We also experimented with small flash boomed off the boat by the intrepid Ke. One SB-910, for instance, into a 24″ Lastolite Ezybox.
And later, on land, with a big, soft, shoot thru umbrella, here placed off to camera left and outside the long hall. It simply acts as a really big fill flash, just opening some detail, and barely perceptible, relative to an available light pic.
That rainy day involved a couple of vans, about 20 people, permits, lights, stands, hair, makeup, models and a boat. So far, here in Cape Town, the clouds have prompted a more simple approach. Available door light, and beer with the guys.
Kevin Russo says
“Shooting with one camera and no lights today” I think I am going to faint. Joe McNally and no lights?
As always wonderful beautiful work.
You are truly inspiring. Thanks.
Michael Anthony Murphy says
I believe I will start a website called …
Damn it Joe, you make it difficult to avoid being envious.
Bravo sir. As usual.
Welcome to Cape Town. Yes, it is raining here. It is what we call winter, and the Europeans summer. As a matter of fact, it is warmer here today than where I come from in Germany.
It is supposed to get better this week, though.
All the best for the workshop. It is great to have you here. Remember, to pack in Mr. Hobby the next time as well.
Hi Joe. The local photog wasn’t serious 🙂 Awesome to have you here.
Joe McNally says
Great to be here, thanks for the note….joe
David Smith says
Thank you so much for making the journey to our far shores, and sharing your time with us in Cape Town. The sharing of your passion and knowledge are worth more than words can describe, and I really learnt much from today.
Looking forward to another rainy day that I can spend watching the DVD and putting into practise some if the gems I picked up.
Everything of the best & hoping you get in some R&R too!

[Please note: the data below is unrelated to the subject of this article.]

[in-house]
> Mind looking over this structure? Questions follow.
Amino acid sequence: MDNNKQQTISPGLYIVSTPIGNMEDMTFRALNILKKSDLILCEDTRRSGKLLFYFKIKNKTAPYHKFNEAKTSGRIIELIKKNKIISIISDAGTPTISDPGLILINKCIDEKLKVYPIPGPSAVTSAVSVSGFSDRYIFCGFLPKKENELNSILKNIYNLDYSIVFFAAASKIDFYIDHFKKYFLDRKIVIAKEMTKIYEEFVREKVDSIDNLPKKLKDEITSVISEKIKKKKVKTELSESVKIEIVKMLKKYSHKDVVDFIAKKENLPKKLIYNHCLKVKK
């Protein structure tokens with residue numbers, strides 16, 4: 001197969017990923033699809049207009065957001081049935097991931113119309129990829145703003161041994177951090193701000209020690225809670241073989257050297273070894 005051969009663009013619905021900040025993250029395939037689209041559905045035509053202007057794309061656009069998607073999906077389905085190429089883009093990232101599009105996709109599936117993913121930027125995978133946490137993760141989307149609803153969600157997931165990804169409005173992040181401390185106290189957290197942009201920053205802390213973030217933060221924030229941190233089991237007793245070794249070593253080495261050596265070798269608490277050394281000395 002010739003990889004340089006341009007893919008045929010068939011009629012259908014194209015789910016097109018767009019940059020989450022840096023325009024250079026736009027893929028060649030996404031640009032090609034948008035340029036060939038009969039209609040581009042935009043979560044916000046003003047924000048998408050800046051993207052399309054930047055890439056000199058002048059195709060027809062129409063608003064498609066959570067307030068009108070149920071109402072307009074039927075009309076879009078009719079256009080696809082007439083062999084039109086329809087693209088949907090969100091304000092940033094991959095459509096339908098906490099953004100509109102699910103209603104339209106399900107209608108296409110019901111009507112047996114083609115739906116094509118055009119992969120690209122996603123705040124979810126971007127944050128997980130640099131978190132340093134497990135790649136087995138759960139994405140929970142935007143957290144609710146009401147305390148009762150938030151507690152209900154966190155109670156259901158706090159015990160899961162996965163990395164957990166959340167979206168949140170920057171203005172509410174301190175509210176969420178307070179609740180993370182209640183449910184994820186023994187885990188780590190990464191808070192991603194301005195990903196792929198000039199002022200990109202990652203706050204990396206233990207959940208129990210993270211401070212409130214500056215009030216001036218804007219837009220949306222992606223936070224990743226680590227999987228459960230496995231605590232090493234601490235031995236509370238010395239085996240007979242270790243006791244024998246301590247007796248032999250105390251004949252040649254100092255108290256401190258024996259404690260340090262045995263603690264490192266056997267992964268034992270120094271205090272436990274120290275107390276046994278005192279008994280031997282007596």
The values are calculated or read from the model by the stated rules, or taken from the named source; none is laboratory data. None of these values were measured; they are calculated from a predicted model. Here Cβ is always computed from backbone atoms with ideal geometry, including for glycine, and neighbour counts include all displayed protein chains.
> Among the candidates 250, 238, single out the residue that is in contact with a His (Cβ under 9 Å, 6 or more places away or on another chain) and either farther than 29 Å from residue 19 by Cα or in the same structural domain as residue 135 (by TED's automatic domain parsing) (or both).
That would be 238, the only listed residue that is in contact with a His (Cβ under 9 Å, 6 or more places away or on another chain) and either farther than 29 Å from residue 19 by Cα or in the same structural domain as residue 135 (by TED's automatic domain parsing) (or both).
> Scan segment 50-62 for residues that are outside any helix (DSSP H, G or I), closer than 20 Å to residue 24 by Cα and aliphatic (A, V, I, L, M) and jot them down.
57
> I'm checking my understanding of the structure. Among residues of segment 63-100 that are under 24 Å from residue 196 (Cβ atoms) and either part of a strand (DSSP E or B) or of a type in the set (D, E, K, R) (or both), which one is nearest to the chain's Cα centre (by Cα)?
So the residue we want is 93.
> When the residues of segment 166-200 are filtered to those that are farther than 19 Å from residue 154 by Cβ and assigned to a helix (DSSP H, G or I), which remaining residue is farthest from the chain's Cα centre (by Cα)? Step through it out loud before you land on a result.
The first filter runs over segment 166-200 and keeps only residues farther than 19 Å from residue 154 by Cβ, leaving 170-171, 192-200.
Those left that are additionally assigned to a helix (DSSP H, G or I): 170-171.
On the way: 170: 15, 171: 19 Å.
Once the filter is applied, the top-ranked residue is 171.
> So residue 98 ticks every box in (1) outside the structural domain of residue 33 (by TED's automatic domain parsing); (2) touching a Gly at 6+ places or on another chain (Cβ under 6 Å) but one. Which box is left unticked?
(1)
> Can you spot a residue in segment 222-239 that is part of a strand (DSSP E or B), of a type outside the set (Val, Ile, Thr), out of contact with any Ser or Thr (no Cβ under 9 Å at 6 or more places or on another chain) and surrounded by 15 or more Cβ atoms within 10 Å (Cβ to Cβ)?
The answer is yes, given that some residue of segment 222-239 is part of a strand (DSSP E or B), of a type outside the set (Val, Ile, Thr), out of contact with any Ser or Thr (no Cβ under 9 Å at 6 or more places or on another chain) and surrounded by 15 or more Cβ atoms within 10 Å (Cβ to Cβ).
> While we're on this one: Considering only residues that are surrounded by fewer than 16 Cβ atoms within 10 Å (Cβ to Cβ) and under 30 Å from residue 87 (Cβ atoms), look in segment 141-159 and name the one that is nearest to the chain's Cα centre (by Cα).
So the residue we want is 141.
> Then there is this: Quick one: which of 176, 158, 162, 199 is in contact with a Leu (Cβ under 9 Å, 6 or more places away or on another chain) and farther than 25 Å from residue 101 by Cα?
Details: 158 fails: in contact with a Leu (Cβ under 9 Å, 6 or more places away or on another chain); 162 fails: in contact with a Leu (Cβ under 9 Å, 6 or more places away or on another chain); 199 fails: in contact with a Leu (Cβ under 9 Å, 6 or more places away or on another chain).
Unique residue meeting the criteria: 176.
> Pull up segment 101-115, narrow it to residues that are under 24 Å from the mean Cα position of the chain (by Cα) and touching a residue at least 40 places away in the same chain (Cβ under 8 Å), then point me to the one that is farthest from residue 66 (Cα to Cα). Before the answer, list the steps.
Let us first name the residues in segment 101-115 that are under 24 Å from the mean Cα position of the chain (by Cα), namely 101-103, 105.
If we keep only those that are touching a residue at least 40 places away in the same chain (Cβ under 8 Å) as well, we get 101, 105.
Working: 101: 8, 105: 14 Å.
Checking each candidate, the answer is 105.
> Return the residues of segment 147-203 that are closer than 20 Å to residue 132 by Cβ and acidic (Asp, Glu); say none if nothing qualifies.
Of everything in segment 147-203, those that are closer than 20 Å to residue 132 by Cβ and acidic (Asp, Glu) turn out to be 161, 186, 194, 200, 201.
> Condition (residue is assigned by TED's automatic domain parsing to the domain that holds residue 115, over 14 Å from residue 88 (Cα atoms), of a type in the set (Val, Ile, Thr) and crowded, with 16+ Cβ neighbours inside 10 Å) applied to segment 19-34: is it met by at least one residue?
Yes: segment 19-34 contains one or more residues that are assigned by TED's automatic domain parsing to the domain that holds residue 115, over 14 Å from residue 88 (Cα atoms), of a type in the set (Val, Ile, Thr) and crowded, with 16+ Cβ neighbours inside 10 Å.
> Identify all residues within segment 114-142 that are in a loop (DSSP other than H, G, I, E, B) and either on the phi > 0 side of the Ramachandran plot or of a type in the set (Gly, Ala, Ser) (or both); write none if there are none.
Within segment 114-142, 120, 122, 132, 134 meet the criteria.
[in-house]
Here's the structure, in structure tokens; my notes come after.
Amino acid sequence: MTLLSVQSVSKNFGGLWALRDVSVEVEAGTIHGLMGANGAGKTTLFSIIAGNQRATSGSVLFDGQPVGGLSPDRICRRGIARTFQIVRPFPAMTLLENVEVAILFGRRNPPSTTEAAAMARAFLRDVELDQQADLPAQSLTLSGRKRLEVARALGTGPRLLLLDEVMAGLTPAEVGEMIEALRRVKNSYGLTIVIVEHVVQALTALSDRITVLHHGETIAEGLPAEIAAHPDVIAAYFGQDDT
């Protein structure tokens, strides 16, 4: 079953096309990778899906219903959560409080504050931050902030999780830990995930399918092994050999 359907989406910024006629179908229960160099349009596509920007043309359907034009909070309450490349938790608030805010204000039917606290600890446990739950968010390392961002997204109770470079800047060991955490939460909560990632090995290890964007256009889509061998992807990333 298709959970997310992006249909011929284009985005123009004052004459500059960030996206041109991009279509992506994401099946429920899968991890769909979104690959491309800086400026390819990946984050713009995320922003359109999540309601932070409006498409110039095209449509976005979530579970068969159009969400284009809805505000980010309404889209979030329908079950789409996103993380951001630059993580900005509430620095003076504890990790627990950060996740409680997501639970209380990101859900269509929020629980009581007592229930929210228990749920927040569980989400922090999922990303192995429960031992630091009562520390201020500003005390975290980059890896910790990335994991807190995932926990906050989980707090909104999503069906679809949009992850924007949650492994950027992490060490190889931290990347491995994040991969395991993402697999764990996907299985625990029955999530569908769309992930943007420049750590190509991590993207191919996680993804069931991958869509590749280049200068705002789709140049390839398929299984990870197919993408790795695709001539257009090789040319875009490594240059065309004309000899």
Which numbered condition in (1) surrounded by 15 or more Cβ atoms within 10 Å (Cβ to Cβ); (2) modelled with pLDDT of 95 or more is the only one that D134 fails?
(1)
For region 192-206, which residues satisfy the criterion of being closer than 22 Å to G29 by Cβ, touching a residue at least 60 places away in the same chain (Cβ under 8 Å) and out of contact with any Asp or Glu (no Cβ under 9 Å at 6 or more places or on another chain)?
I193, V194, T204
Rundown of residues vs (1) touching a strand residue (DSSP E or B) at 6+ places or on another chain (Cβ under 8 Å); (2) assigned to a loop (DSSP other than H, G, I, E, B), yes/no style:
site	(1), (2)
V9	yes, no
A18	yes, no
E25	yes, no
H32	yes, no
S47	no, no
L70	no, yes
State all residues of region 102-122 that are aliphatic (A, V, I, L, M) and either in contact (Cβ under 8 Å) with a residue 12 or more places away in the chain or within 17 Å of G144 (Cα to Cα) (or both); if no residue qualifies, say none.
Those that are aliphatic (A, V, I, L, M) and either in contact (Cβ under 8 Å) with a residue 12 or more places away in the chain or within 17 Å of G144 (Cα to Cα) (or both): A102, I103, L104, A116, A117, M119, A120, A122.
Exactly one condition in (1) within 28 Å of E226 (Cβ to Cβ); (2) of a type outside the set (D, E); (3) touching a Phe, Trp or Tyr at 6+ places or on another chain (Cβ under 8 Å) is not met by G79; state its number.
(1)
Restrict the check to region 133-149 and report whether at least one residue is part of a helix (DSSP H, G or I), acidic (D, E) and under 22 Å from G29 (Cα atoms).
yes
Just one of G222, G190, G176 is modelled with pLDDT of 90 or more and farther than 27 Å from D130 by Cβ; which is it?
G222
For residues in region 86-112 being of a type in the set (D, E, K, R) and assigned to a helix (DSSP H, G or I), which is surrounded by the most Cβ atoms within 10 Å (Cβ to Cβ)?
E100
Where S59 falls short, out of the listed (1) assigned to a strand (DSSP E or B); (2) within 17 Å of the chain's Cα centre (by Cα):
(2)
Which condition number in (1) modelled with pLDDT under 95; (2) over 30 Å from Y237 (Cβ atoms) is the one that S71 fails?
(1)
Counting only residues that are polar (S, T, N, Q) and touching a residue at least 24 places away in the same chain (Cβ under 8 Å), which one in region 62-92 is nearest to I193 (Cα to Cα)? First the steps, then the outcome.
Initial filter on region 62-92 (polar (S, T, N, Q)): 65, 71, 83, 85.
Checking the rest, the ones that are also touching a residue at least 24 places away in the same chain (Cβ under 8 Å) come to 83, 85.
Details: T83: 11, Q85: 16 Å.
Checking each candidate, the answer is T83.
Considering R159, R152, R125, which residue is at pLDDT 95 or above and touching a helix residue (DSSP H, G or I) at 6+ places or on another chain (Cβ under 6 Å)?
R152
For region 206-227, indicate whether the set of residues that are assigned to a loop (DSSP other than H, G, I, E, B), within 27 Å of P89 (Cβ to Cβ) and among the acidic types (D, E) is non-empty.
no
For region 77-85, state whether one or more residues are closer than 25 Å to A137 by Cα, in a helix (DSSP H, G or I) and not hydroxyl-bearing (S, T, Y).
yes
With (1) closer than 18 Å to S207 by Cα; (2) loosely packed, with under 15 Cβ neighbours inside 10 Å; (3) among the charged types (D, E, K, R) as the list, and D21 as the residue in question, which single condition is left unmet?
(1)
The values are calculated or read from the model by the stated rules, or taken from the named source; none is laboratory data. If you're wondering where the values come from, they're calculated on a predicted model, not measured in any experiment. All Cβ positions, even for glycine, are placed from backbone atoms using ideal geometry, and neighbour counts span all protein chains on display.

Best wishes, and thanks, David
Tim Hague says
Joe, thanks for the workshop – all I can say is “awesome” – I’ve been to so many before, but it is so refreshing to see someone that really knows his tools at work. With humour (GF lightdome anyone?).
As to the weather – this is the Cape – it’s what it does this time of year, but since you’re off to Jo’burg tomorrow, Thursday will be sunny, warm and calm. Seriously.
Best Regards and thanks for a great day.
Vic Peek says
I lived in Korea/Japan for 18 months back in the late 1960′ – sure wish I could go back and photograp the people and landscapes. Wrong time of the year to be in that neck of the world Joe – its usually wet and gloomy.
John A. says
Hope you get to see a few sites while you’re there Joe! SA has some beautiful scenery and people! Love the shots you took in China!
ARCpoint Labs of Kalamazoo says
Perfect lighting and fabulous pictures. Thanks for sharing.
Marcus Jooste says
Thank you for the fantastic workshop in Cape Town! a wonderful day of learning creativity and humour!!
Off to NY today (was hoping to escape the wet here – but rain forecasted there too!!)
Thanks for your generosity – signing stuff – giving away books and most of all knowledge.
Wessel Wessels says
Hello Joe, thanks again for the wonderful day that we could spend with you. You make it looks so easy!
I was wondering, would it be possible to link a video camera ( or small camera on live view? ) to you projector? For folks new to TTL and lots of small lights, it can became very intimidating. That’s half the reason why they came,for clarification. If you can show them on the big screen, how straightforward the settings are, how quickly it can be done, it would help them to jump in and do it.
Do come back in February and March, the best weather ever!
Yes! Finally something about juegos locos.
Arne Purves says
Huge thanks for a great workshop and the many anecdotes that you shared so freely. Really inspiring stuff. Enjoying the book and have started my own little project to shoot family portraits based on some of the lessons learnt in your workshop.
Small little $$ outlay for a master flash (canon 580exii 2nd hand) and some no name brand lightboxes, umbrellas, reflectors and light shapers and light stands. So am good to go.
Hope u enjoyed South Africa, especially Cape Town.
Alan hess says
Capetown is an amazing place.
I spent the first 12 years of my life there……
Photos are amazing as usual.
Weather curse.. What weather curse… ( please let me know before you head to Southern California so I can stock up on sand bags) just in case…
Earnie Grafton says
Rain? You? I’m not saying a word….
Could have sworn you were here in Tampa, fl. It’s been raining all week!
You’re the one guy who can come here and have freezing temps! But we do love it when you come for a visit and teach!
Joe Aragon says
Joe, come to Phoenix, please. We could use the rain. Some stunning imagery of our desert oasis would be a huge benefit too. Your China images are magnificent, to say the least. I would love to see something similar, with a Suguaro and the rainy mist, in the vista behind. You truly know how to rock in any setting. Thanks for sharing.